March 2015 Newsletter

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School Garden Open House

As you sow the seeds for this year's garden, consider celebrating a growing season of learning and hard work in the fall with a School Garden Open House.  


Like us on Facebook and share your photos, ideas and questions with other school gardens!

March in the Garden

Are you wondering when you’ll ever to be able to garden again? There are garden related activities to do in your classroom and outdoors in your hoop house, right now!

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Pea shoots growing at Goranson Farm, Dresden

Consider growing a variety of microgreens and pea shoots in your classroom. These are a good alternative to sprouting seeds, which have been found to harbor pathogens. Several seeds that you can use for growing microgreens include peas, arugula and sunflowers. Celebrate with a salad party when your greens are ready in 1-2 weeks. Snip the microgreens, sprinkle on top of salad greens, and add dressing. Here are several links to how to grow microgreens, what seeds to grow and a microgreens salad recipe:

How to Grow Microgreens Indoors

Grow: The Microgreens Mad Scientist-Steamy Kitchen

Homegrown Microgreen Salad recipe

Here is a lesson on germination.

If you’re planning to start seedlings, now is the time to inventory and purchase your seed starting materials.   

You can grow many different hearty greens in March in a hoop house or cold frame. Some folks grow them all winter! First, clean up your beds by composting old plant material and add soil amendments if needed, turning them into the soil well before planting. Some greens to grow include winter density lettuces, spinach, mache, mizuna, mustard and kale. If the nights are going to be below freezing, cover the seeds/seedlings with remay fabric or plastic. Remove the covering once your structure warms up during the day.

Vegetable of the Month: Watermelon Radishes

White on the outside with a beautiful green and red interior. A perfect taste test surprise for a snowy winter’s day!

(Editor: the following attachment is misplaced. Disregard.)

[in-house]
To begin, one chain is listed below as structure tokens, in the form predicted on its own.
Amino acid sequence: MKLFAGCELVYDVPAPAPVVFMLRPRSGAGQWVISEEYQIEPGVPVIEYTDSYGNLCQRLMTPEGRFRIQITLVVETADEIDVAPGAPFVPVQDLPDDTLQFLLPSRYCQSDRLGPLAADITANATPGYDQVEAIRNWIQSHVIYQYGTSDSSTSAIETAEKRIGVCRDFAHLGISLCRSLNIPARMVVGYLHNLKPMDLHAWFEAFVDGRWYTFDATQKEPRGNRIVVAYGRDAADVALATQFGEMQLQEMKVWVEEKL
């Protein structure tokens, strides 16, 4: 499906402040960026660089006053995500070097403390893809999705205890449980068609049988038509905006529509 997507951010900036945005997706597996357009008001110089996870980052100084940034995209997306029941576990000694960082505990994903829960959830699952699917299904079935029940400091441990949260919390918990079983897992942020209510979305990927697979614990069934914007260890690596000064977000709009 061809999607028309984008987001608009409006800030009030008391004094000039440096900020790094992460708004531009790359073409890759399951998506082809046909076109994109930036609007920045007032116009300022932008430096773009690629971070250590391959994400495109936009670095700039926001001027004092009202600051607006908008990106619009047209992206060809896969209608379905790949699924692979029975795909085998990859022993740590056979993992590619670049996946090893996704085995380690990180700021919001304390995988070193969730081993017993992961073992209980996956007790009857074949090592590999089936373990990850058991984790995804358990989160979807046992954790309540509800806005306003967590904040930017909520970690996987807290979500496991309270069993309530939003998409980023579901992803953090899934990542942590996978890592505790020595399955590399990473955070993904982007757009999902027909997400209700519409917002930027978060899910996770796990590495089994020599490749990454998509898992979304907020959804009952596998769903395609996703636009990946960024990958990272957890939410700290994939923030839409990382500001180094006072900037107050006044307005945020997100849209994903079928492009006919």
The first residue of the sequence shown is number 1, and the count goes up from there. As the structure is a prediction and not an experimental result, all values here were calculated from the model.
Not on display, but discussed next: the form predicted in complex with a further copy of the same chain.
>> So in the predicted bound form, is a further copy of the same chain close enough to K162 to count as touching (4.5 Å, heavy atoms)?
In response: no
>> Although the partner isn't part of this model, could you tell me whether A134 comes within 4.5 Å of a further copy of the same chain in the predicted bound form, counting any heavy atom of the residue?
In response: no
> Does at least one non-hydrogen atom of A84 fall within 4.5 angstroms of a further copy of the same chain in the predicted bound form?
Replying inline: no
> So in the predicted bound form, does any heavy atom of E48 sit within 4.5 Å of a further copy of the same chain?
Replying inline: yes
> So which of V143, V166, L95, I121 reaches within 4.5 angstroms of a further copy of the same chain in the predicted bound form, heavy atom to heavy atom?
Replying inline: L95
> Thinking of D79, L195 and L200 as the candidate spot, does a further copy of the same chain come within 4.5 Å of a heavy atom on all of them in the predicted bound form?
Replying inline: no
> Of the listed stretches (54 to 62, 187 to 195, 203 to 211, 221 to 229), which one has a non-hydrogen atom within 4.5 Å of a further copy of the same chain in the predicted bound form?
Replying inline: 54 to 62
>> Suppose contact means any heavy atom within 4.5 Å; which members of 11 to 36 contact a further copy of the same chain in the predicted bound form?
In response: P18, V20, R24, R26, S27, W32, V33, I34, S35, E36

The Watermelon radish, also known aclose-up radishs Rooseheart and Red Meat, is an heirloom Chinese Daikon radish. A member of the Brassica (mustard) family along with arugula, broccoli and turnips, it has a peppery flavor just like other radishes.These radishes are delicious eaten raw or try this recipe for a different treat:


  1. Cut radishes into wedges, as in photo.
  2. Mix with 2 tbsp. olive oil and put on a baking tray.
  3. Roast radishes at 375°,  stirring occasionally until fork tender, about 45 minutes.
  4. Toss gently with 1 tsp. oil and a dash of sea salt or dried Maine kelp flakes-yum!


See more about growing and eating radishes from  University of Illinois Extension.


At a recent FoodCorps taste test, 4th grade students made these comments about watermelon radishes:
"I don't like the red ones (globe radishes) but I LOVE the watermelon radish!"
"It is a little spicy to my throat."
"I thought it would be white inside but it wasn't! It's like a smaller version of a watermelon."
"We should enter it in a competition!"
"Where do you buy these?!"

School Garden Regional Gatherings

Network with school garden educators, local farmers and resource professionals! There will be garden tours, workshop presentations, round table discussions and more!

In March we are featuring Gatherings at the following locations:

Bonney Eagle Middle School, Buxton - March 14

Robert's Farm Preserve, Oxford - March 20

Falmouth High School, Falmouth - March 29

Find your county here! More dates and locations still to come!

Maine School Garden Intensive - May 2, 2015


At Johnny's Selected Seeds
Saturday, May 2nd, 8:00-3:30

Click here for more information

Maine School Garden Day - May 9, 2015

Maine School Garden Day will be held at Sanford Regional Technical Center, hosted by the Landscaping and Horticulture Program from 8:30 AM to 3:30 PM.  REGISTER HERE



Protecting Your Backyard Poultry Flock from Disease

Saturday, March 14, 2015 10am -12pm Penobscot County Extension Office, 307 Maine Ave, Bangor

Backyard biosecurity, recognizing diseases, and NPIP participation will be discussed at this free program for current and future backyard poultry keepers. There will also be updates for NPIP Independent Testers and bird owners.

For more information and to pre-register for the meeting contact: Melissa Freeman at 207-287-6564 or